Stamping out the State: Royal Mail Privatisation Beckons


Roland Mortimer welcomes the privatisation of Royal Mail.

Today’s announcement that the privatisation of Royal Mail will take place in the coming weeks has tugged at the heartstrings of politicians and public alike. Should we be mourning the loss of a national treasure or celebrating the bright future of an organisation newly freed from state control?

The privatisation of Royal Mail will involve the government selling shares in the company to institutional investors, such as hedge funds, pension funds and the general public, giving everyone the chance to own a slice of the postal pie. Moreover, 10% of the shares will be earmarked for Royal Mail employees, who will also be given the opportunity to purchase additional shares at a discounted price.

There has been a great deal of opposition to this announcement, with hostility primarily stemming from the fact that Royal Mail is now making a profit. Indeed, its financial results show that the state-owned postal service made £403 million in operating profit in its latest financial year. This does not alter the case for privatisation. On the contrary, it paves the way for it.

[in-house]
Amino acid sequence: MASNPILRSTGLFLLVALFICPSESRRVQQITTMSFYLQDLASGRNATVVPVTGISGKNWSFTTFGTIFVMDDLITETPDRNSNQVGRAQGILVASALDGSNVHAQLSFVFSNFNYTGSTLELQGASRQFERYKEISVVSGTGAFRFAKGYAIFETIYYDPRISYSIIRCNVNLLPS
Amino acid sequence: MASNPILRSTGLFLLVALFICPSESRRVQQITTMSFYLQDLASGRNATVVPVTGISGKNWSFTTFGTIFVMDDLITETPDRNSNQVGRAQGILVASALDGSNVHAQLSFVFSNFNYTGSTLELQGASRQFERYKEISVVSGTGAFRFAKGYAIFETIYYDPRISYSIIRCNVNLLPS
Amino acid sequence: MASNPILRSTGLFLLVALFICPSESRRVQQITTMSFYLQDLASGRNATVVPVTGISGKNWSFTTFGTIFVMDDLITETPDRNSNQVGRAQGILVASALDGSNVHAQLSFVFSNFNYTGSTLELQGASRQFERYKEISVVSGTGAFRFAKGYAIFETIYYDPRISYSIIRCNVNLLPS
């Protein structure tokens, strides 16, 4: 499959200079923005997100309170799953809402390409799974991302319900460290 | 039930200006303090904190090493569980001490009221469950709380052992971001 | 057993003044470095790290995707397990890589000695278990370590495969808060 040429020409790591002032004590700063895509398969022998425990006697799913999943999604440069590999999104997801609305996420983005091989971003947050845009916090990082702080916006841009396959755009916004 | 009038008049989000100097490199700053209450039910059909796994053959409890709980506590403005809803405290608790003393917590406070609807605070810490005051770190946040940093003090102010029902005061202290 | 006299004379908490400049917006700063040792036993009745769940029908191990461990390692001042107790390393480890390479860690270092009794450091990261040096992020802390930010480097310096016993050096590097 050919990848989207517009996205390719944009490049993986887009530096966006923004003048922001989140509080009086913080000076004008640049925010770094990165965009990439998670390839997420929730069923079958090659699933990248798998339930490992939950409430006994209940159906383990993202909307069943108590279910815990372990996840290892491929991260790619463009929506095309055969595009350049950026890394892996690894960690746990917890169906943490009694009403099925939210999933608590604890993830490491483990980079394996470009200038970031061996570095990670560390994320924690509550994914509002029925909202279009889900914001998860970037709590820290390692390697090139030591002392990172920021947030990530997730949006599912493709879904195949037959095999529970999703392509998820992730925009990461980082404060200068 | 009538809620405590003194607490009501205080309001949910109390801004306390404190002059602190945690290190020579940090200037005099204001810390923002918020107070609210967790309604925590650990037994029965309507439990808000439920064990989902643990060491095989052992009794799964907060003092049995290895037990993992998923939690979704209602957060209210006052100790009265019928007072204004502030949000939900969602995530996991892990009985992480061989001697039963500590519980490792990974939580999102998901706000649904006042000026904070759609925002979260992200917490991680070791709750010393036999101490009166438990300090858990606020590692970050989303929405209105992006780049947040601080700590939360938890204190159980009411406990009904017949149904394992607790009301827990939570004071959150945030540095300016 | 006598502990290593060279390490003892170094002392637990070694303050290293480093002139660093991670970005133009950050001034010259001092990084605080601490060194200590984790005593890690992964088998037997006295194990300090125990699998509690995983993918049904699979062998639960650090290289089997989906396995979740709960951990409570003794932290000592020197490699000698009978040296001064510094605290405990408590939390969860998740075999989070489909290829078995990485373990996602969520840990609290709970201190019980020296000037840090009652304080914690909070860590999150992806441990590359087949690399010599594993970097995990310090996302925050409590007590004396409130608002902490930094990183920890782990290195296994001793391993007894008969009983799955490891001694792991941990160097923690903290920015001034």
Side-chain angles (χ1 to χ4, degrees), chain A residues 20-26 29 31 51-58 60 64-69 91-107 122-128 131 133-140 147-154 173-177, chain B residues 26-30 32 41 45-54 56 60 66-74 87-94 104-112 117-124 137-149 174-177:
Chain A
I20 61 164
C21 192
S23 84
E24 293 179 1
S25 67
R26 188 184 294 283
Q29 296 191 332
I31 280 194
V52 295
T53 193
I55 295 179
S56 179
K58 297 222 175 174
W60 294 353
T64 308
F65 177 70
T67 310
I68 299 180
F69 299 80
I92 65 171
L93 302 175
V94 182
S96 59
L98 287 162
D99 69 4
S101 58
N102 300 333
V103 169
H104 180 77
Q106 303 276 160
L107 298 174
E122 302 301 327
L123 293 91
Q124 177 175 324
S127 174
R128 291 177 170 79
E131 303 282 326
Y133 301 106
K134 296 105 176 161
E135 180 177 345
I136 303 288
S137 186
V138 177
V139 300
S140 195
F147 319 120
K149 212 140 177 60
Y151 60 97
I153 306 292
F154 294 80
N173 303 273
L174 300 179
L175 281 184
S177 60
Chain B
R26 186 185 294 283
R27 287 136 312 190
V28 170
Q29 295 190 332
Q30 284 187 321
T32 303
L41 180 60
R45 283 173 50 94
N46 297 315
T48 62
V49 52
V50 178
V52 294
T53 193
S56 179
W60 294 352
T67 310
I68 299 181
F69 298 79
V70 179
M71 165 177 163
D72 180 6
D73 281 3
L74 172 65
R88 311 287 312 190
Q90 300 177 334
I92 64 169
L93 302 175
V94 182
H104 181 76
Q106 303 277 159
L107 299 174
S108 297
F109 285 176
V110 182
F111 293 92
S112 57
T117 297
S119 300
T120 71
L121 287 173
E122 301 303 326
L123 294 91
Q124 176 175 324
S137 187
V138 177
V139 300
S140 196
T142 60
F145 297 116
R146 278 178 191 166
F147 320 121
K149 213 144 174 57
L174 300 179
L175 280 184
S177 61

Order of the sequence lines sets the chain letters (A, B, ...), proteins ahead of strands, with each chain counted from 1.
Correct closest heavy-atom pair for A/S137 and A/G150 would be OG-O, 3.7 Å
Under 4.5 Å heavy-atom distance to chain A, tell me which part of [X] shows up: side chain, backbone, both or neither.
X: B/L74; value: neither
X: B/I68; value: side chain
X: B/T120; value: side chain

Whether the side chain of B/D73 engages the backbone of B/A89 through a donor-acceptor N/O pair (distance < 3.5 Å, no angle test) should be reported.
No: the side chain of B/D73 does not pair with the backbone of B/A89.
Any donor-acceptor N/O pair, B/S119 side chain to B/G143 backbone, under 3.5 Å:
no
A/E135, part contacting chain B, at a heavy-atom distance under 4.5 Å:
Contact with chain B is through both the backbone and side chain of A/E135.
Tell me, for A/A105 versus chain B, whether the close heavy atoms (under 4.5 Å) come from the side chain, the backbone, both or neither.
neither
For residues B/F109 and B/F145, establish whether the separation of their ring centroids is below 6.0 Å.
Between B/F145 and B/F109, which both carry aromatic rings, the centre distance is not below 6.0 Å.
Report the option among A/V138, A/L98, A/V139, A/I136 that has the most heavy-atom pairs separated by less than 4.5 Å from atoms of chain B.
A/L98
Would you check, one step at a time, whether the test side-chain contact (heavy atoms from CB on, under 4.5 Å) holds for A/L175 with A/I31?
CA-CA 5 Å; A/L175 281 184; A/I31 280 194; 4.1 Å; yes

The return to profitability shows that its management, led by chief executive Moya Greene, is on the right track to reforming its core business. Furthermore, the postal service now looks more attractive to potential investors, with the government expecting the sale to make up to £3 billion.

Giving Royal Mail access to private capital is essential for continued growth due to the rapid evolution of the delivery market. Despite the fall in letter services, this core business component still accounts for nearly 50% of the company’s turnover. As email and other forms of electronic communication grow in popularity, Royal Mail should focus its resources on parcel delivery. Thanks to the growth of e-commerce, parcel services are accelerating. The company needs funds that would allow them to finance new technologies and equipment in order to adapt in a changing market. Needless to say, these should not come from the taxpayer but from private investors.

Giving Royal Mail access to private capital is essential for continued growth due to the rapid evolution of the delivery market.

This is not a proposition that the public should be scared of. By letting the company step back from the state, it will have greater autonomy to set its own prices and invest in its parcels division, with the possibility of gaining a larger share in the global market. Sure, an age-old public institution will now be a commercial enterprise, but this will enable it to grow without taxpayers’ support whilst continuing to deliver a first-class service to its customers worldwide.


Roland Mortimer is an entrepreneur, web developer and economist currently taking a gap year before studying Economics at university. He is the editor of ROM Economics, an economics education and learning resource, and a contributor to various websites including Libertarian Home.


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